Piece image

Global Ethics Corner: The Ethics of Cyber Warfare

From: Carnegie Council
Series: Global Ethics Corner
Length: 01:58

Embed_button
An influential Russian engineer recently called for an international ban on cyber weapons, saying that they could have unforeseen consequences, but many American analysts disagree. Are these weapons dangerous or are they a cheaper and more ethical alternative to traditional warfare? Read the full description.

Globalethicscorner_logo1_small

Global Ethics Corner is a weekly 2 minute segment devoted to newsworthy ethical issues. It presents both sides of an issue, asking viewers to weigh the information and make up their own minds.

Also in the Global Ethics Corner series

Piece image

Global Ethics Corner: Who Should Control Egypt's Water? (02:05)
From: Carnegie Council

As Ethiopia continues construction on the Grand Renaissance Dam on the Blue Nile, Egyptian officials are worried about their water supply. Does Ethiopia have the right to ...
Piece image

Global Ethics Corner: Weighing Privacy Against National Security (02:08)
From: Carnegie Council

The recent revelations that the NSA is collecting cell phone and Internet data from millions of Americans has left many asking questions. Is this action necessary for ...
Piece image

Global Ethics Corner: Are Secret Recordings Ethical? (02:13)
From: Carnegie Council

Secret recordings have been a headache for some high-profile politicians. Many question the morality of the practice, especially when the media gets involved. Do public ...
Piece image

Global Ethics Corner: The Private Sector and Cyber Security (02:17)
From: Carnegie Council

With U.S. companies losing billions of dollars to intellectual property theft, mostly to China, some are suggesting that corporations fight back. Can the government do more? ...
Piece image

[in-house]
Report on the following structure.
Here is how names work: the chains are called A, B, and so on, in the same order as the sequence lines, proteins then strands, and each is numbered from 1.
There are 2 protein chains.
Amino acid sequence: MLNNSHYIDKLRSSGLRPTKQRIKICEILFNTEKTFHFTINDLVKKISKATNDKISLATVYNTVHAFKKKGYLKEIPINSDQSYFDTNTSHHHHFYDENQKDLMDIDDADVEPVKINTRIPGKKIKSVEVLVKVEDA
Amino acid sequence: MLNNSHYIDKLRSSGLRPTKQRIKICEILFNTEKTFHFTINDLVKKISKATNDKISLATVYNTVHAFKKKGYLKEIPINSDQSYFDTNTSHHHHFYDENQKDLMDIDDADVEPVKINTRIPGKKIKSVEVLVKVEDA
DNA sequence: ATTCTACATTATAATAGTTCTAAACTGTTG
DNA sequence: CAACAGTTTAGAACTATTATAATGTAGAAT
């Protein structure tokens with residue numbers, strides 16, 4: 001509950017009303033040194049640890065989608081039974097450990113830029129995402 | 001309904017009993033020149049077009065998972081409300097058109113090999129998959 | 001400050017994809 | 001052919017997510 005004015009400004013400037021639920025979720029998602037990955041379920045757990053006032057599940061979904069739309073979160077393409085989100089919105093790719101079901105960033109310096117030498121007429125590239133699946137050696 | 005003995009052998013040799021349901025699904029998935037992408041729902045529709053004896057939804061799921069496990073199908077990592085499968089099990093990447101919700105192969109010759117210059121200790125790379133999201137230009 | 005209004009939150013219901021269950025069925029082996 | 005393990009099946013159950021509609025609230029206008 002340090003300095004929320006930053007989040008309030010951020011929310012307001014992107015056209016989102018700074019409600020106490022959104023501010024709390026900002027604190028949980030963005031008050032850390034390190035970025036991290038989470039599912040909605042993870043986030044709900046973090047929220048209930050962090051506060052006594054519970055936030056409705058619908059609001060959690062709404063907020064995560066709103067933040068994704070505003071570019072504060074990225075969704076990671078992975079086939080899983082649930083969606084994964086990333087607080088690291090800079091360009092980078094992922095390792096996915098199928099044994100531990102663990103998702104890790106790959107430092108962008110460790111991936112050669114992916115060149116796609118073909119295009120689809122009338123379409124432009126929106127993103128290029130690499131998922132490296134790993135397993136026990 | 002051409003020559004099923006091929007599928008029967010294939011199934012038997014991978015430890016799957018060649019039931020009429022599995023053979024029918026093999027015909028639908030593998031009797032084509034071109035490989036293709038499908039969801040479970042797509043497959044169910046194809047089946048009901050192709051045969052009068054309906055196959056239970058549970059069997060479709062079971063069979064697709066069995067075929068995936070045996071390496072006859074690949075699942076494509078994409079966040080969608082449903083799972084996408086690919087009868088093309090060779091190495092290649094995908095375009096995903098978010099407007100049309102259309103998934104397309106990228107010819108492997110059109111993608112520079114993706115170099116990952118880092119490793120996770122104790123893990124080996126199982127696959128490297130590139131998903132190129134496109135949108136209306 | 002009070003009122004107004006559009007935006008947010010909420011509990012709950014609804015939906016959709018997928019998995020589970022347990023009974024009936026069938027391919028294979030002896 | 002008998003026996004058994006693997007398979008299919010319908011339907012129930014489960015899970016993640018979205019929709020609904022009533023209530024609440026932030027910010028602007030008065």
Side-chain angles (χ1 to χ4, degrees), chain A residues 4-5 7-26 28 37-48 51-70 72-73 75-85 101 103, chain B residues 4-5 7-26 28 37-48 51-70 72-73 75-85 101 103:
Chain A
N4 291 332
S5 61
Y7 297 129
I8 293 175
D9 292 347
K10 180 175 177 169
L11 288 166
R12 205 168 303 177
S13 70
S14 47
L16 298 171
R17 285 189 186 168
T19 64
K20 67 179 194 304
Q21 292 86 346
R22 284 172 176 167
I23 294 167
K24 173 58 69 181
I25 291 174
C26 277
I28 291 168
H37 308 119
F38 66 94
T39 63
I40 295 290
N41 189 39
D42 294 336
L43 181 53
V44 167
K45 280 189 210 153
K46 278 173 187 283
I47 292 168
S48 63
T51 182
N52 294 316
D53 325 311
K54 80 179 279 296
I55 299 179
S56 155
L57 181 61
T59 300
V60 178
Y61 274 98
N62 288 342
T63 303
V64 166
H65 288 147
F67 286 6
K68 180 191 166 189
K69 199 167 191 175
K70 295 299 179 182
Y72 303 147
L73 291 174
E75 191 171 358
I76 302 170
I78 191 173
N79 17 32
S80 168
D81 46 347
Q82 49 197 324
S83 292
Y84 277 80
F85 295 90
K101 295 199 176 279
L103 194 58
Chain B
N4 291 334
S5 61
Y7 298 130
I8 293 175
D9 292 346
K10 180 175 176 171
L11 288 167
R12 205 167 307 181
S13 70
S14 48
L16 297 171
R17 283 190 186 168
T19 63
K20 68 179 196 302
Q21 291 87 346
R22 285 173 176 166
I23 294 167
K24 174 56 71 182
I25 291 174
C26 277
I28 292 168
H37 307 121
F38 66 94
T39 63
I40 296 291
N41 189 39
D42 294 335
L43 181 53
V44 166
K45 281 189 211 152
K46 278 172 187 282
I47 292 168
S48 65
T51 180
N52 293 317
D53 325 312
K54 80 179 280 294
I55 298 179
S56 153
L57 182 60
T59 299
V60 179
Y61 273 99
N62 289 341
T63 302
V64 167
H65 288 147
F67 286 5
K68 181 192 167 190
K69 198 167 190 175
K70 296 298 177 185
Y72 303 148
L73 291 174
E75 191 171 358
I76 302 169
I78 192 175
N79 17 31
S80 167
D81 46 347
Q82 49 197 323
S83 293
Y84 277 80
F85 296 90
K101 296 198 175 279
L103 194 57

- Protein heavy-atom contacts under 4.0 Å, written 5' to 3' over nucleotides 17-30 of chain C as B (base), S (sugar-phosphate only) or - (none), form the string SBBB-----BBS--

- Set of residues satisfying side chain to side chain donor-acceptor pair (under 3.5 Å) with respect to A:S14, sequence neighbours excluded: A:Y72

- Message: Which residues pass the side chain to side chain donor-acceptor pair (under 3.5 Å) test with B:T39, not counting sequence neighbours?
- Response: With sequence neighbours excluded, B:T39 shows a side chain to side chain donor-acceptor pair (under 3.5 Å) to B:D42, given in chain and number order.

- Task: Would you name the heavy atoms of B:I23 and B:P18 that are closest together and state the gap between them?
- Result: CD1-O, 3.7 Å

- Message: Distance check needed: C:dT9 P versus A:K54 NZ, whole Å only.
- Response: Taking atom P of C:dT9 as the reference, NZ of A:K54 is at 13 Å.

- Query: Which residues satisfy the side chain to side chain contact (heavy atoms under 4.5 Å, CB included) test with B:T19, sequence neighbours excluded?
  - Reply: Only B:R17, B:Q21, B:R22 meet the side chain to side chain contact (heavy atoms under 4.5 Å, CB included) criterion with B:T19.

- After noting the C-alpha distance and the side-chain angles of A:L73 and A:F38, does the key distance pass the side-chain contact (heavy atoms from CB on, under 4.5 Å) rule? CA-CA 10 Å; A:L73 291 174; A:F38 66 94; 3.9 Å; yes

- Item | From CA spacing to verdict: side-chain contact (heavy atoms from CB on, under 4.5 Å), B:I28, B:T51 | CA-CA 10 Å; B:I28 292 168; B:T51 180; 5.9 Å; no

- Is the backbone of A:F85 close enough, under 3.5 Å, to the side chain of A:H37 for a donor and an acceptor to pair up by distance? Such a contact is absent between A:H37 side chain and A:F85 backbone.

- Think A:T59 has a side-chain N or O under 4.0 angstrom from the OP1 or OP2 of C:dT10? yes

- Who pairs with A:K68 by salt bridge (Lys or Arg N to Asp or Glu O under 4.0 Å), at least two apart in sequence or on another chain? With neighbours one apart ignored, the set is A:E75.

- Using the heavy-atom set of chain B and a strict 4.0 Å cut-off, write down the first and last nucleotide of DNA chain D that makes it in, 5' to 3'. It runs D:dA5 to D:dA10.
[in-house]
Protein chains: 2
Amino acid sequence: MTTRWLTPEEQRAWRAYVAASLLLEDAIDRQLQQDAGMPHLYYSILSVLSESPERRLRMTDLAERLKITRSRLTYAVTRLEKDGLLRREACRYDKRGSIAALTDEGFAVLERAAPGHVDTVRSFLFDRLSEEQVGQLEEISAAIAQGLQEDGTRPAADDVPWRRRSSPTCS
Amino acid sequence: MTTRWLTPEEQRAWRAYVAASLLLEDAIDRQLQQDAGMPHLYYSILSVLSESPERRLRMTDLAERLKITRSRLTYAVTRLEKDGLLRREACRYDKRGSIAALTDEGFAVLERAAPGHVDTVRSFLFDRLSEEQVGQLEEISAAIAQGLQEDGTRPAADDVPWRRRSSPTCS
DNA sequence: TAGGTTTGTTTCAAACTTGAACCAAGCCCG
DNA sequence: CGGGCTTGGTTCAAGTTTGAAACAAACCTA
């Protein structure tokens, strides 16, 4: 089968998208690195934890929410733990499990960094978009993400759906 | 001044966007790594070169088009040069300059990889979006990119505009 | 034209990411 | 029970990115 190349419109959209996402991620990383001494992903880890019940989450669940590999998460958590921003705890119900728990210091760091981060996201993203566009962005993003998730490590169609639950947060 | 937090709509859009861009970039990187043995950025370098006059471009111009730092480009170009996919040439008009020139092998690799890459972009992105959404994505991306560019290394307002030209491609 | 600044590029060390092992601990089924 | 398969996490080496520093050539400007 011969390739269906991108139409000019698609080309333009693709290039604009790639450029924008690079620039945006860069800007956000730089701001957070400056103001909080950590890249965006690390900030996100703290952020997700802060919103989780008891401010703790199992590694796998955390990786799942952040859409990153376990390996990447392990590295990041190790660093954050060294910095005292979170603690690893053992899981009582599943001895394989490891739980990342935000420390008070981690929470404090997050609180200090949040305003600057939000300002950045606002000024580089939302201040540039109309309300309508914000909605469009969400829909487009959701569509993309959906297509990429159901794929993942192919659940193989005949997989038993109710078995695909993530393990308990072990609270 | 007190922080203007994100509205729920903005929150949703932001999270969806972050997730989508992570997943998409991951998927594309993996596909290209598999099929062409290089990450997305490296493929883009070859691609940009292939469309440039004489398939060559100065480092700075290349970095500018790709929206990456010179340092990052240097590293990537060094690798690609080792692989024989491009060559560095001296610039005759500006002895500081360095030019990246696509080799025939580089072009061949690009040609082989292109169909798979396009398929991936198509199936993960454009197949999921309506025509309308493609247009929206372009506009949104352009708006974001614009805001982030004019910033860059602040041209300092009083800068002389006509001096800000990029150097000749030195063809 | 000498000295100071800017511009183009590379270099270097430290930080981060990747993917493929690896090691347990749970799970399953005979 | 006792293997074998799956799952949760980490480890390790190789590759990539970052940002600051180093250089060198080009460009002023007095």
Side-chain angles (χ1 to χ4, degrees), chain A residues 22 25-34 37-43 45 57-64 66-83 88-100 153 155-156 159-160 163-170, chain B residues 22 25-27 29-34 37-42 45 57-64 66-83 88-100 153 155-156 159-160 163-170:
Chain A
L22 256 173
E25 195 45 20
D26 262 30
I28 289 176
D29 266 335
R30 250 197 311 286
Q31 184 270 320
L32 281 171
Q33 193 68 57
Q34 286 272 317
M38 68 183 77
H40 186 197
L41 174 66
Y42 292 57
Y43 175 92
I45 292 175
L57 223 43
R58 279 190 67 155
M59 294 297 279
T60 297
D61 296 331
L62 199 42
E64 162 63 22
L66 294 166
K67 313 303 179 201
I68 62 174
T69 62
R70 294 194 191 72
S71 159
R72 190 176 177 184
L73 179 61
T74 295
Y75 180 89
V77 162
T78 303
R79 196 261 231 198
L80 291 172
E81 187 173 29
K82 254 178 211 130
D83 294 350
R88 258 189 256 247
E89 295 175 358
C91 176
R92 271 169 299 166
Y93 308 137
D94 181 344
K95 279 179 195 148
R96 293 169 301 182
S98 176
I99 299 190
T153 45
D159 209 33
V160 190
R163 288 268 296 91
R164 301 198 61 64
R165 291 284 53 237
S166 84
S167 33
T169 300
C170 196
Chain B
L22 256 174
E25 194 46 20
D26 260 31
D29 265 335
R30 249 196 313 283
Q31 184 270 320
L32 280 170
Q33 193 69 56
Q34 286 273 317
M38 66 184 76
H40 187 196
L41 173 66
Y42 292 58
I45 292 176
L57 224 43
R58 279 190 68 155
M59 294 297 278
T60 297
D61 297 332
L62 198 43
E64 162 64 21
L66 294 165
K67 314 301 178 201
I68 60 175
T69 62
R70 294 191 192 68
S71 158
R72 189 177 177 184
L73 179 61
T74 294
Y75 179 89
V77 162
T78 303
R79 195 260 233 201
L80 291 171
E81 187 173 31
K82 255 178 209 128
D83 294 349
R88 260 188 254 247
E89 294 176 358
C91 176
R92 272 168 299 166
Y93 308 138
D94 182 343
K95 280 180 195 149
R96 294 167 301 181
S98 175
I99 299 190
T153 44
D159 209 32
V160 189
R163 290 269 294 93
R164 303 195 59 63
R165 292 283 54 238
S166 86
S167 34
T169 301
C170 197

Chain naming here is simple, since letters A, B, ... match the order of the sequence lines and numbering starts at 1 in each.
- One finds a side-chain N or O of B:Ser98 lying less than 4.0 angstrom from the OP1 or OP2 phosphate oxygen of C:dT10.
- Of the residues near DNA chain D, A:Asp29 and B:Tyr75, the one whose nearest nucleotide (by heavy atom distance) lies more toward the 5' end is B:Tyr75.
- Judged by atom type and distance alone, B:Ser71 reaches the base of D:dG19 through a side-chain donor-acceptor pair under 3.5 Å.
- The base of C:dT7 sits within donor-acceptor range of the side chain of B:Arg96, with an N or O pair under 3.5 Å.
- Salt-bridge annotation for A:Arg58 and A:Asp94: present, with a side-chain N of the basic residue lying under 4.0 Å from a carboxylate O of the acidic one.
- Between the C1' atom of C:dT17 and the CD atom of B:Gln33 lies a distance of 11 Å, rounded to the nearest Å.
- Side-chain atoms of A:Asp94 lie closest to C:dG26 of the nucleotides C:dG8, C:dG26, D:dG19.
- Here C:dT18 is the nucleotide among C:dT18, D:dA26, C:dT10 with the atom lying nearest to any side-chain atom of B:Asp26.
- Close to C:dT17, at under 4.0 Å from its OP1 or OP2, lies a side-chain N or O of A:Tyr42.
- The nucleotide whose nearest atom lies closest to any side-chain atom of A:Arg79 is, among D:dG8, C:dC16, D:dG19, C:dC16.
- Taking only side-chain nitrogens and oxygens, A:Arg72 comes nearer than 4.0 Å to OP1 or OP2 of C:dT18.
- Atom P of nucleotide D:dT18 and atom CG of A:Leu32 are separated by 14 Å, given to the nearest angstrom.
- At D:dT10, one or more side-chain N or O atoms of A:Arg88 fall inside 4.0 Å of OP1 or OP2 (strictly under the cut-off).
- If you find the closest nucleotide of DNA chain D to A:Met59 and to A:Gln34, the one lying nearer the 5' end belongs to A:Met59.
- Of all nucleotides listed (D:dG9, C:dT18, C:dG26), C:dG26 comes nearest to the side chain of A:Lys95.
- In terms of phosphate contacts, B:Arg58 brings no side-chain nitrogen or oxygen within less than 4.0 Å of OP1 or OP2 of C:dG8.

Global Ethics Corner: Why Does the EU Care About Olive Oil? (02:20)
From: Carnegie Council

A proposed EU ban on the use of dipping bowls and refillable glass bottles of olive oil in restaurants has people asking questions. Is this more useless meddling from the EU ...
Piece image

Global Ethics Corner: Who Does Everest Belong To? (01:59)
From: Carnegie Council

A fight on Mt. Everest between Nepalese Sherpas and European climbers has again raised questions about tourism and the world's tallest mountain. Should the Sherpas, who live ...
Piece image

Global Ethics Corner: Food for Peace? (02:12)
From: Carnegie Council

Food for Peace, which ships American farm products to developing nations, has long been criticized for crowding out local agriculture. Now, to the dismay of the U.S. farming ...
Piece image

Global Ethics Corner: Should Childhood Vaccinations Be Mandatory? (02:05)
From: Carnegie Council

Childhood vaccination programs have been met with skepticism and hostility in the U.S. Some oppose them on religious grounds, while others worry about preservatives. Do ...
Piece image

Thought Leader: Dan Ariely (03:41)
From: Carnegie Council

"The good news is that we're figuring out some of the big mistakes people are making, and if we figure out in time, we can try to fight that and actually do things in a ...
Piece image

Global Ethics Corner: Was the Boston Lockdown Justified? (02:09)
From: Carnegie Council

As authorities searched for one of the Boston Marathon bombers, the city of Boston and its suburbs were put on lockdown. Was this action justified? Does this set a dangerous ...

Piece Description

Global Ethics Corner is a weekly 2 minute segment devoted to newsworthy ethical issues. It presents both sides of an issue, asking viewers to weigh the information and make up their own minds.

Transcript

The 21st century has already seen its fair share of inventions. We now have iPods, iPhones, and even electric cars. But not all inventions are positive ones. Could this century's most dangerous innovation be cyber weaponry?

That's the argument of the Russian telecommunications engineer Eugene Kaspersky. He founded one of the world's leading antivirus companies. He and many others believe that alleged state-sponsored cyber viruses like Stuxnet threaten global security. He draws a parallel to the Manhattan Project 70 years ago, which developed the nuclear bomb, saying that government efforts to build powerful cyber viruses have unforeseen consequences. That's why Kaspersky is calling for a ban on cyber weaponry. Unless countries adopt an international treaty forbidding computer warfare, he warns that states' military defenses, power grids, and financial systems will be under serious threa...
Read the full transcript

Additional Credits

Deborah Carroll – Executive Producer
Marlene Spoerri – Contributing Writer
Julia Kennedy - Content Editor
Robert Smithline - Editor
Terence Hurley - Editor
Gusta Johnson - Production Assistant

Related Website

www.carnegiecouncil.org